Raise a well-mannered kid in a fun way

There isn’t a single parent in the world who doesn’t want kids they can be proud of. We all see our children as immaculate little angels who can do no wrong, and that’s exactly the kind of image we project of them to the rest of the world.

However, an ill mannered teen is the exact opposite of this image and can in fact cause a lot of embarrassment for the parents in public, because they are a reflection of your parenting skills. So what can you do to redeem yourself and your parenting skills? Teach your kids some basic manners of course and the most important of all manners is the simple act of saying “Thank You”, “Please “and “Sorry”.

Remember that manners are the true reflection of anyone’s character. According to psychologist, John Rosemond manners and respect go hand in hand; teens who haven’t learnt to respect themselves will never learn to respect others. Following are some activities to teach manners to your kids:

Role play

This activity can be carried out with young kids in an easy manner, whereas, with teens one would have to be a bit firm to make them understand the importance of good manners. Teach your kid a new manner and then have them act it out in different situations like a mini-scene, so that they know how to implement it in different situations. Have them play out both the correct and incorrect way of what you taught them and then make everyone identify which is the right manner and which is wrong.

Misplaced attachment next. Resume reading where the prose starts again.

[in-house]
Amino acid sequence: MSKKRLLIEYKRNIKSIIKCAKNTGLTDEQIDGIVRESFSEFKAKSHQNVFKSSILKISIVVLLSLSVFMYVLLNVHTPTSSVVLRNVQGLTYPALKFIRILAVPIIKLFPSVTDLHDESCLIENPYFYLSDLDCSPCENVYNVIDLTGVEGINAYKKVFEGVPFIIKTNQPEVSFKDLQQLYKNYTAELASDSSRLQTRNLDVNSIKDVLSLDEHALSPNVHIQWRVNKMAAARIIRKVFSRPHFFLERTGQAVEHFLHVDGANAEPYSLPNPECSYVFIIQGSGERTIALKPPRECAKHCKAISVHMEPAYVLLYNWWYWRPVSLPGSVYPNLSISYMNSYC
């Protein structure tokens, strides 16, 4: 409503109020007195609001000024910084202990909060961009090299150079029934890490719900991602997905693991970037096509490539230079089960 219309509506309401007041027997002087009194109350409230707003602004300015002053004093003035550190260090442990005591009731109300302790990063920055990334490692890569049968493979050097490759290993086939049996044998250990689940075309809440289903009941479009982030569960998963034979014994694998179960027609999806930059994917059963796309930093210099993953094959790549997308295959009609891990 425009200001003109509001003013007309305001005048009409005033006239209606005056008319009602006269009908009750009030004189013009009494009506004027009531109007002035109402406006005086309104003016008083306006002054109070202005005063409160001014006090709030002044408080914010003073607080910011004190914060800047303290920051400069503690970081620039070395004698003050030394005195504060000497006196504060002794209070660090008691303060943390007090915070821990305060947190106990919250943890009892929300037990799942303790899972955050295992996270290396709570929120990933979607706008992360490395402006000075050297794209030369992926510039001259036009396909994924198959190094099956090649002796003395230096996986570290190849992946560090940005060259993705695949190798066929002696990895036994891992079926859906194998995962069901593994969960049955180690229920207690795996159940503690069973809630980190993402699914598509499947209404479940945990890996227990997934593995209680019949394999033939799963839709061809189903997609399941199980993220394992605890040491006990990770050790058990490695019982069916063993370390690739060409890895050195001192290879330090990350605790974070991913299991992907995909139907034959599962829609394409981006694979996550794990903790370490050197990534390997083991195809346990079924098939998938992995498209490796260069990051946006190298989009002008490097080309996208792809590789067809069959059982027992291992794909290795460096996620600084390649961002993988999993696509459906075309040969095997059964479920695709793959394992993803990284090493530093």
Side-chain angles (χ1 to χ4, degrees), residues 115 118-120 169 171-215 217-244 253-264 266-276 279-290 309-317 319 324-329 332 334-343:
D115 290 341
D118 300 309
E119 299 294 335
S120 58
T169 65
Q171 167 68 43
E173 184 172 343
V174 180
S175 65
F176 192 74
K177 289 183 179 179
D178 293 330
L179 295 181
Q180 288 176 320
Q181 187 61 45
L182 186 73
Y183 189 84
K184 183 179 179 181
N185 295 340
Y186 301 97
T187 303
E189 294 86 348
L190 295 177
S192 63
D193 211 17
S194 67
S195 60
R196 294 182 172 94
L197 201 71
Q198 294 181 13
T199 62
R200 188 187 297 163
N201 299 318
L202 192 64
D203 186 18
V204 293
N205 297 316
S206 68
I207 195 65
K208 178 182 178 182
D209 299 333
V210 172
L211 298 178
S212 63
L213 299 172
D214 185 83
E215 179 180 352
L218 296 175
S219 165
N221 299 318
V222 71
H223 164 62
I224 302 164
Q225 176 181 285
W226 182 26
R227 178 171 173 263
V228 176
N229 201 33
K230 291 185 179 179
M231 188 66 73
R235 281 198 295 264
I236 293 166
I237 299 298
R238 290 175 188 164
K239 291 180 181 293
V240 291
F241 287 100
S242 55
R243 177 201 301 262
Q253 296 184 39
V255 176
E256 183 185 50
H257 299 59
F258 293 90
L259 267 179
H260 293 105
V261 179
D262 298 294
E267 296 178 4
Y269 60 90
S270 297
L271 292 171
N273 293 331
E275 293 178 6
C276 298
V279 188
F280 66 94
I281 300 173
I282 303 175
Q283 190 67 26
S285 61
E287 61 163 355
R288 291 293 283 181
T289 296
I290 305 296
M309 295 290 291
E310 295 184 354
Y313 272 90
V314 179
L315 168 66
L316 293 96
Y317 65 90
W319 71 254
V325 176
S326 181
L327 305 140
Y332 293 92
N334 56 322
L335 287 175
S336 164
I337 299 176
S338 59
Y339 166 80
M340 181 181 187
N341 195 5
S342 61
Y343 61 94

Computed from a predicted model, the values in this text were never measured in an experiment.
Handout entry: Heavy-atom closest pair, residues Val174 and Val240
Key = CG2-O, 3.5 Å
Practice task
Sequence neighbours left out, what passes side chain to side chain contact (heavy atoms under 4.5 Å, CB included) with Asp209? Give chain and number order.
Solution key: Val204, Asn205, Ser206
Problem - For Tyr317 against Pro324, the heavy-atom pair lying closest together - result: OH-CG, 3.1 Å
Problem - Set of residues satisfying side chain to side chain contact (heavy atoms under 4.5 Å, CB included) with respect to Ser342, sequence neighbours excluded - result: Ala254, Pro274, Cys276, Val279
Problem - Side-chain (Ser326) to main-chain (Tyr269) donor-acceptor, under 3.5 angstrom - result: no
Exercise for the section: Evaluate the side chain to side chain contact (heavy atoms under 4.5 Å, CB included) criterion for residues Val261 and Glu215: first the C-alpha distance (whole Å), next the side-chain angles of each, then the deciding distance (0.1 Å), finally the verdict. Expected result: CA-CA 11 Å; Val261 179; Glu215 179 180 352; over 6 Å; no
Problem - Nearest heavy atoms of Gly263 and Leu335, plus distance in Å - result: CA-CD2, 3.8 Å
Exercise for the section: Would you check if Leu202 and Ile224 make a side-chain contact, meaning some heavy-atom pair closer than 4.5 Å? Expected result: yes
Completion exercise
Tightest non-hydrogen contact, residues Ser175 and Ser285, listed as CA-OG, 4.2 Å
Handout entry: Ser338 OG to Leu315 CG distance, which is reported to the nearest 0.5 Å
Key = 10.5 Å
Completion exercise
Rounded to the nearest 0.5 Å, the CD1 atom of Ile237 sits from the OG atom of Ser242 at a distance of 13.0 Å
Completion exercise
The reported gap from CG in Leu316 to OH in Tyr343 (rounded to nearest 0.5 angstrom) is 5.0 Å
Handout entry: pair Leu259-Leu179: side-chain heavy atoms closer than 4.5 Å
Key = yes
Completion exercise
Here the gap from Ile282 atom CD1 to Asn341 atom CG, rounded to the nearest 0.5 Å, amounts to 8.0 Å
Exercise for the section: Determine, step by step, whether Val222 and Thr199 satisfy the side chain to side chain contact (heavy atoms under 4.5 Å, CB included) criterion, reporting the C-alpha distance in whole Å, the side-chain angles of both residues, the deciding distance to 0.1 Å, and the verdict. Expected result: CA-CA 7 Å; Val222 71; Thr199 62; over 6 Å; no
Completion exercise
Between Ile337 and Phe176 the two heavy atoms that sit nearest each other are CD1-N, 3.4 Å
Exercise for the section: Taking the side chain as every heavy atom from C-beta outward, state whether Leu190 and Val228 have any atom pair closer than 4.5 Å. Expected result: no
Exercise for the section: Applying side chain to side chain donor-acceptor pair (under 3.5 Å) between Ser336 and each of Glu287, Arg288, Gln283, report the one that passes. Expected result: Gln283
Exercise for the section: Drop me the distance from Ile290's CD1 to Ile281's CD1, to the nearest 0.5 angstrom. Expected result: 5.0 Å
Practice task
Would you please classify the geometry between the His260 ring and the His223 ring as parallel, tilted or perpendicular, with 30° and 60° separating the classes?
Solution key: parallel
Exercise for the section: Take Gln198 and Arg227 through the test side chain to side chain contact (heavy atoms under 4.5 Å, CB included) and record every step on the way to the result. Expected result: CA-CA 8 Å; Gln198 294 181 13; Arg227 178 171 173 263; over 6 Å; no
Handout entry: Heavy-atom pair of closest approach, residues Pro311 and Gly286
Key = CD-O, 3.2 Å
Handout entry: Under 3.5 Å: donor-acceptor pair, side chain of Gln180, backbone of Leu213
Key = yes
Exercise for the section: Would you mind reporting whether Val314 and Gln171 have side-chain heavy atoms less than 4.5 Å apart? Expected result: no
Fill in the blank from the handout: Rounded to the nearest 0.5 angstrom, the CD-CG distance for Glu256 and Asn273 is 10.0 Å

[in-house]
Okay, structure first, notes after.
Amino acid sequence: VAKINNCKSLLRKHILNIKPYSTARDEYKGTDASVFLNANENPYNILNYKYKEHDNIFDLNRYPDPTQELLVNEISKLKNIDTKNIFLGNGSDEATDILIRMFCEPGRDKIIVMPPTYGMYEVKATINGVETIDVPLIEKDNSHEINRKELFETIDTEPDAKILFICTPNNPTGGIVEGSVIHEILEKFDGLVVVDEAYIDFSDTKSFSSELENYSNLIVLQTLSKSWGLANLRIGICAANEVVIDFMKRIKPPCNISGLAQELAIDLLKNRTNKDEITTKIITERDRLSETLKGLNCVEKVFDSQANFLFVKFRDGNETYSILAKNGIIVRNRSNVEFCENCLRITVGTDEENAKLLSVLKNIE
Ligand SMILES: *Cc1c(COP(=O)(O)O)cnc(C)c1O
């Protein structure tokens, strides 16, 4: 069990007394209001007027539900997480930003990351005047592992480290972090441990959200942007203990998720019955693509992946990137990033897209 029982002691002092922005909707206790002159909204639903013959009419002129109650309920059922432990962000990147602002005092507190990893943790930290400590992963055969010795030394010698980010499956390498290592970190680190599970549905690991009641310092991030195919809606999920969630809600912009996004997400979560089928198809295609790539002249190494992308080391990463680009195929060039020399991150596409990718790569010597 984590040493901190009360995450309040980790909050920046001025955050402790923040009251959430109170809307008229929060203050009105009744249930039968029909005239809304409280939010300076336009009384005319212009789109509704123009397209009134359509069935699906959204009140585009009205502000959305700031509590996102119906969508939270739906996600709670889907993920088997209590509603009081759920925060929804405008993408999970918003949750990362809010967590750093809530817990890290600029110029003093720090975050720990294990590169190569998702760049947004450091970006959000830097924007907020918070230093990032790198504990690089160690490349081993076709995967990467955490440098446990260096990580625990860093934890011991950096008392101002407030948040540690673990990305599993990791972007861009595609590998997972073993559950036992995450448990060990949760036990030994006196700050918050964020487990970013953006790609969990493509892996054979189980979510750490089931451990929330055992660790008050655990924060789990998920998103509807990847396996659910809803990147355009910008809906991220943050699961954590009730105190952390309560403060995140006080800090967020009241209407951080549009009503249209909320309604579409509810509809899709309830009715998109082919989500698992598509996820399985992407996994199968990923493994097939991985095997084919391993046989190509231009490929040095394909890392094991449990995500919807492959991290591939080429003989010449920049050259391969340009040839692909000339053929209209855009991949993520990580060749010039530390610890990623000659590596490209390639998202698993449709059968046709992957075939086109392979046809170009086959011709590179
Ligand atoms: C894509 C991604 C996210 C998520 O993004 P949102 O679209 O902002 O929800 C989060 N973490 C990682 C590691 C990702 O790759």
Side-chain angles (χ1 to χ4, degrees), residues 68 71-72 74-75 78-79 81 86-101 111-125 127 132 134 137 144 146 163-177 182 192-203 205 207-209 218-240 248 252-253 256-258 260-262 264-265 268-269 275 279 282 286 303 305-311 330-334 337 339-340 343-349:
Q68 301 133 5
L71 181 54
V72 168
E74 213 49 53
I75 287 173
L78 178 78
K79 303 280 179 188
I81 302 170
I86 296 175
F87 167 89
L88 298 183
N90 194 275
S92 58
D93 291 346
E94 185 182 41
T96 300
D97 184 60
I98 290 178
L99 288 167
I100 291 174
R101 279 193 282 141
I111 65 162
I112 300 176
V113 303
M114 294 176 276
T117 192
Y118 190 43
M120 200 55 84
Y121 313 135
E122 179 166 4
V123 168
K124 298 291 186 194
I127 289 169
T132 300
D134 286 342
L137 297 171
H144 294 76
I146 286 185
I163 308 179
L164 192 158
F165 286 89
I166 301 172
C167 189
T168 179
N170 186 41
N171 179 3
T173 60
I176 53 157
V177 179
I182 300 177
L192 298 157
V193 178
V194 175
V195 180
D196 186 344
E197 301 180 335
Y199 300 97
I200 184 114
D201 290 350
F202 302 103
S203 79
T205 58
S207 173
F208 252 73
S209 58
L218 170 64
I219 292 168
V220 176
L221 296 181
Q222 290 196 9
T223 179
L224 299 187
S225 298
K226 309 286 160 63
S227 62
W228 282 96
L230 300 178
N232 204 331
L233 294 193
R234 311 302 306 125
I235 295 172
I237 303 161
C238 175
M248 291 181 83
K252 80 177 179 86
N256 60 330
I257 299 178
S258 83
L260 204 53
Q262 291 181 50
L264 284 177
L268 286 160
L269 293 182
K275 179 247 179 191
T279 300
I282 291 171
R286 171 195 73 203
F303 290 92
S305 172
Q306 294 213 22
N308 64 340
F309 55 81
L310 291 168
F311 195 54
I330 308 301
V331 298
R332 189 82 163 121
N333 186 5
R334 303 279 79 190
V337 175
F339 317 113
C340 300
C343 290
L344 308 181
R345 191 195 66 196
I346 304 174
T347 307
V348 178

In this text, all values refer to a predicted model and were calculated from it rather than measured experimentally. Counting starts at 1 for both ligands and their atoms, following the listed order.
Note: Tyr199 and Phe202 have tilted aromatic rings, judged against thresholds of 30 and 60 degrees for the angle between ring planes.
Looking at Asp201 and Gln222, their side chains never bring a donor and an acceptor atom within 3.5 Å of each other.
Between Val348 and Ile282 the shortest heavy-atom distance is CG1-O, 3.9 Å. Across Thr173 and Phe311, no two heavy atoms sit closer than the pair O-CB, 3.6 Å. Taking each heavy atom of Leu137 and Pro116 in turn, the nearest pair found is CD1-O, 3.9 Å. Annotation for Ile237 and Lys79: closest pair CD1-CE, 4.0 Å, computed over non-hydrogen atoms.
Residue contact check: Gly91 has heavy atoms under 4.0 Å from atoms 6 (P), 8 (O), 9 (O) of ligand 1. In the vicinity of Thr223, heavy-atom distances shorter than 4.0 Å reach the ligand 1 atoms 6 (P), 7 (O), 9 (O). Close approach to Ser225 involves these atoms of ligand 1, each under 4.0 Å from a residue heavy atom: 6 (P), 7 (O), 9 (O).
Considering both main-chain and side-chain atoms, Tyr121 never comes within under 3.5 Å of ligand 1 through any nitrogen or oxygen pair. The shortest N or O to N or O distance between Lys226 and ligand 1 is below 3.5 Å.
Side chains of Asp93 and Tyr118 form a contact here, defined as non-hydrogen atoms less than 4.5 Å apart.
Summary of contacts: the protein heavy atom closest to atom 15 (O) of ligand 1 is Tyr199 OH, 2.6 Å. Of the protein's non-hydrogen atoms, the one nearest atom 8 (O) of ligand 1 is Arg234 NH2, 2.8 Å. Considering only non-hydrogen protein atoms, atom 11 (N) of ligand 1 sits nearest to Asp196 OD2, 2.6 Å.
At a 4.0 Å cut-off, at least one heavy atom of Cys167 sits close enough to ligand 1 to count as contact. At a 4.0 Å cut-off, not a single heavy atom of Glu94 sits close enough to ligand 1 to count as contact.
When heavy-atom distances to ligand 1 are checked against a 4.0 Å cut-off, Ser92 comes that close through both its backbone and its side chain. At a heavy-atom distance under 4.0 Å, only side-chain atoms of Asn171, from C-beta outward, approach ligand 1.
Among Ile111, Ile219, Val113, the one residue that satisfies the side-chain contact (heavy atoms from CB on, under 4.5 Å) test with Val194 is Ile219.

Story telling

Tell the kid about a particular manner and then make them create abstract situations of how it can be implemented in their own lives. Each teen will tell a story which will help them in understanding the concept much more clearly and retain the information for longer.

Blunders game

Blunders is a game that teaches kids about table manners, making introductions, welcoming guest, not gossiping , showing respect in general and telephone manners. A lot of schools have also added such fun activities to their school curricula for character building.

Mr Manners says

Is basically a variation of “Simon Says”. In this game you designate someone to play Mr Manners, who then states one polite or impolite statement, along with the relative action. Children are asked to copy this action is they think it was polite and ignore it if it was not. A teen who mistakenly participates in an impolite action sits out of it for a few rounds and then rejoins.

These are just a few of the ways you can help your kids learn manners without everyone drawing their swords or just refusing to play along. Remember, to teach them while they are still young, by the time they become teens, their habits have become so set that teaching them manners now could be a seriously uphill task.

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